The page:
Lost in coalition: Trident review's missing conclusions

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Trident review doesn't come to any conclusions, Alexander says
Trident review doesn't come to any conclusions, Alexander says

The Liberal Democrat-initiated review into renewing Britain's Trident nuclear deterrent does not reach any conclusions, Danny Alexander has admitted.

The review was completed two weeks ago with copies handed to both prime minister David Cameron and deputy prime minister Nick Clegg, the chief secretary to the Treasury - who has been handling the review since last autumn's reshuffle - said this morning.

Politics.co.uk understands the review is being treated as a government document, even though it was originally envisioned in the coalition agreement as a Lib Dem-only project being carried out by the civil service.

That had led to potential ambiguity about its significance and authority as a coalition document, as the Conservatives and Lib Dems hold completely different positions on Trident.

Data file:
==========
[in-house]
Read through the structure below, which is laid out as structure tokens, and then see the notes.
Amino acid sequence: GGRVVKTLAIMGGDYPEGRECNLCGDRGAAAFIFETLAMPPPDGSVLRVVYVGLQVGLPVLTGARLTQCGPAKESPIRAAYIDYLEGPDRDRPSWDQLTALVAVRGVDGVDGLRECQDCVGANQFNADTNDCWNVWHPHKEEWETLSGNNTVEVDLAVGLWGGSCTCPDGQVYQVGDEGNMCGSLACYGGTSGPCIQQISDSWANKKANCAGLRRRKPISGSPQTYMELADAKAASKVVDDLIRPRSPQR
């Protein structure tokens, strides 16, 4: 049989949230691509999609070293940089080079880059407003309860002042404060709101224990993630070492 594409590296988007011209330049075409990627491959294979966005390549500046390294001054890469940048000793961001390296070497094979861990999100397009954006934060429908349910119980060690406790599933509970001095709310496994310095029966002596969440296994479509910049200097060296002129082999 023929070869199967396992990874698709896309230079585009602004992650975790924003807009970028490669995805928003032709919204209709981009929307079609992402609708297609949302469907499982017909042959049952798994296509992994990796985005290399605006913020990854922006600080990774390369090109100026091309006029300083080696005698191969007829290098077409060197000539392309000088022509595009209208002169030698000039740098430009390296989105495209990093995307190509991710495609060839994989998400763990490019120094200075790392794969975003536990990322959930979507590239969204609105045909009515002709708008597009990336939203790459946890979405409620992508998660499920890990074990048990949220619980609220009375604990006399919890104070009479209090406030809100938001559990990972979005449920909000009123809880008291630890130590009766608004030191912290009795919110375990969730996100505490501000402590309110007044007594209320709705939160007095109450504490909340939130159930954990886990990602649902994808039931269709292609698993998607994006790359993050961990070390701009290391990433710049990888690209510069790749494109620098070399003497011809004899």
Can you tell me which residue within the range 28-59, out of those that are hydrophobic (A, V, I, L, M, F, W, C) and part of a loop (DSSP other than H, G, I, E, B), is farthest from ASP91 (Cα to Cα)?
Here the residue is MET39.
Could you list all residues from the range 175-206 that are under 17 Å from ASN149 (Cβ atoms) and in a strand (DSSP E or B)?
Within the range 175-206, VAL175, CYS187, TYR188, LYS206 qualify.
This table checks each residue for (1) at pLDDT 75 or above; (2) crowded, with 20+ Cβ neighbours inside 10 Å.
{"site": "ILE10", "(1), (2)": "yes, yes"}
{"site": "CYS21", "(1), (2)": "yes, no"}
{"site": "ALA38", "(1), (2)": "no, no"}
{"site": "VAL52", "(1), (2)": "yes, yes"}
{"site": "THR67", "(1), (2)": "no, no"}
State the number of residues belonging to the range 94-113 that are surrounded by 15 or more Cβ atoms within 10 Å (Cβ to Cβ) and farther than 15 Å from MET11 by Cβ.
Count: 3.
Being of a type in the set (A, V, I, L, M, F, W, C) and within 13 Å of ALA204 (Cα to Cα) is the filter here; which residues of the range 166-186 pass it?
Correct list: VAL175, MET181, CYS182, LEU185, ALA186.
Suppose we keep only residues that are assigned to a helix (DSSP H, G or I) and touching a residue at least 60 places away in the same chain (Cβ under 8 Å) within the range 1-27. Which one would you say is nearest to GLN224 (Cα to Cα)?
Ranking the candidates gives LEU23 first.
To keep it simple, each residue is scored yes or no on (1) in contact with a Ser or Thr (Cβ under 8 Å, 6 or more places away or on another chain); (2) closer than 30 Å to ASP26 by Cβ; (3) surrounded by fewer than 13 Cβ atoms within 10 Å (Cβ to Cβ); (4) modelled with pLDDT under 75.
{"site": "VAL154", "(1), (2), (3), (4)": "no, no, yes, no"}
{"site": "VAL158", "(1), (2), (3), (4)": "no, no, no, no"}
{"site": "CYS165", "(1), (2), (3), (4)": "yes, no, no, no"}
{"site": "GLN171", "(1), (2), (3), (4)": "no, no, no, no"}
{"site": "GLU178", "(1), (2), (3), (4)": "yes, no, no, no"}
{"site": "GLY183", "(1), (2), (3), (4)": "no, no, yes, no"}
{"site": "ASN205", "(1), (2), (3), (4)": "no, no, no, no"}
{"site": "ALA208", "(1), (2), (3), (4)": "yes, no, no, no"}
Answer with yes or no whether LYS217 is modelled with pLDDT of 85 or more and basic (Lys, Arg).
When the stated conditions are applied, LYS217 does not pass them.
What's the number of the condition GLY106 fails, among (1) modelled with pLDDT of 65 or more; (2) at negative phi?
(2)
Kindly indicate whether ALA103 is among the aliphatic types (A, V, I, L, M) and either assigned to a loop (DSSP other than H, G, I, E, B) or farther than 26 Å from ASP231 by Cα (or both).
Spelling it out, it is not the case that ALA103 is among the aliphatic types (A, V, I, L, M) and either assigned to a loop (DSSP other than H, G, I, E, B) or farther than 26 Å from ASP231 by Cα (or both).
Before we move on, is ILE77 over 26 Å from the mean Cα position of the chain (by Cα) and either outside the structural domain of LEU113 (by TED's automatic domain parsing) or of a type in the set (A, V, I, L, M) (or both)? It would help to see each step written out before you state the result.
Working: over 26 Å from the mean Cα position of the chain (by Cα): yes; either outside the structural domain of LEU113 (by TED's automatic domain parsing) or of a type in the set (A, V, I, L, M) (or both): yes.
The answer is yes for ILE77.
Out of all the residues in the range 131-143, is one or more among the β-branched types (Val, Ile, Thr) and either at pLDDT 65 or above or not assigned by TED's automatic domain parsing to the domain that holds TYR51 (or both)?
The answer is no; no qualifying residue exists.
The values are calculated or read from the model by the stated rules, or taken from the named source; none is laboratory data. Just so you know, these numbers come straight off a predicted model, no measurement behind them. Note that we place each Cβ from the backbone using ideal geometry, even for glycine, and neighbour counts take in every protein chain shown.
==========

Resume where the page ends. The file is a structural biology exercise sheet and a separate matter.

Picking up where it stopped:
The Tories are determined to see the renewal take place in full, while the Lib Dems want other options considered.

Those alternatives will be presented by the review but without committing the Tories to accepting the Lib Dem view, Alexander effectively confirmed this morning.

"People will see there are choices available in this country, there are alternatives," he told BBC1's The Andrew Marr Show.

Alexander quoted Barack Obama's hope that the world can move beyond a Cold War outlook and said the review would allow the Lib Dems to "set out a future where Britain can maintain a credible nuclear deterrent and support disarmament in the future".

The final 'main gate' decision on whether to go ahead with the Trident renewal will be taken in 2016, after the coalition agreed to avoid a divisive standoff over the issue in the current parliament.

'Squeezing more out'

Alexander's Trident comments came at the end of an interview in which the chief secretary to the Treasury suggested the Treasury's capital spending drive had come at the direct expense of spending cuts to government departments.

"We have been able to squeeze more money out of departmental spending budgets to release more money," he said.

Later in the interview he added: "We're squeezing more out of current spending to invest more in roads, housing and energy.

"I think those are the right choices for our country."

Alexander also accused Labour of being the only party "pretending there's a magic money tree which money comes off".

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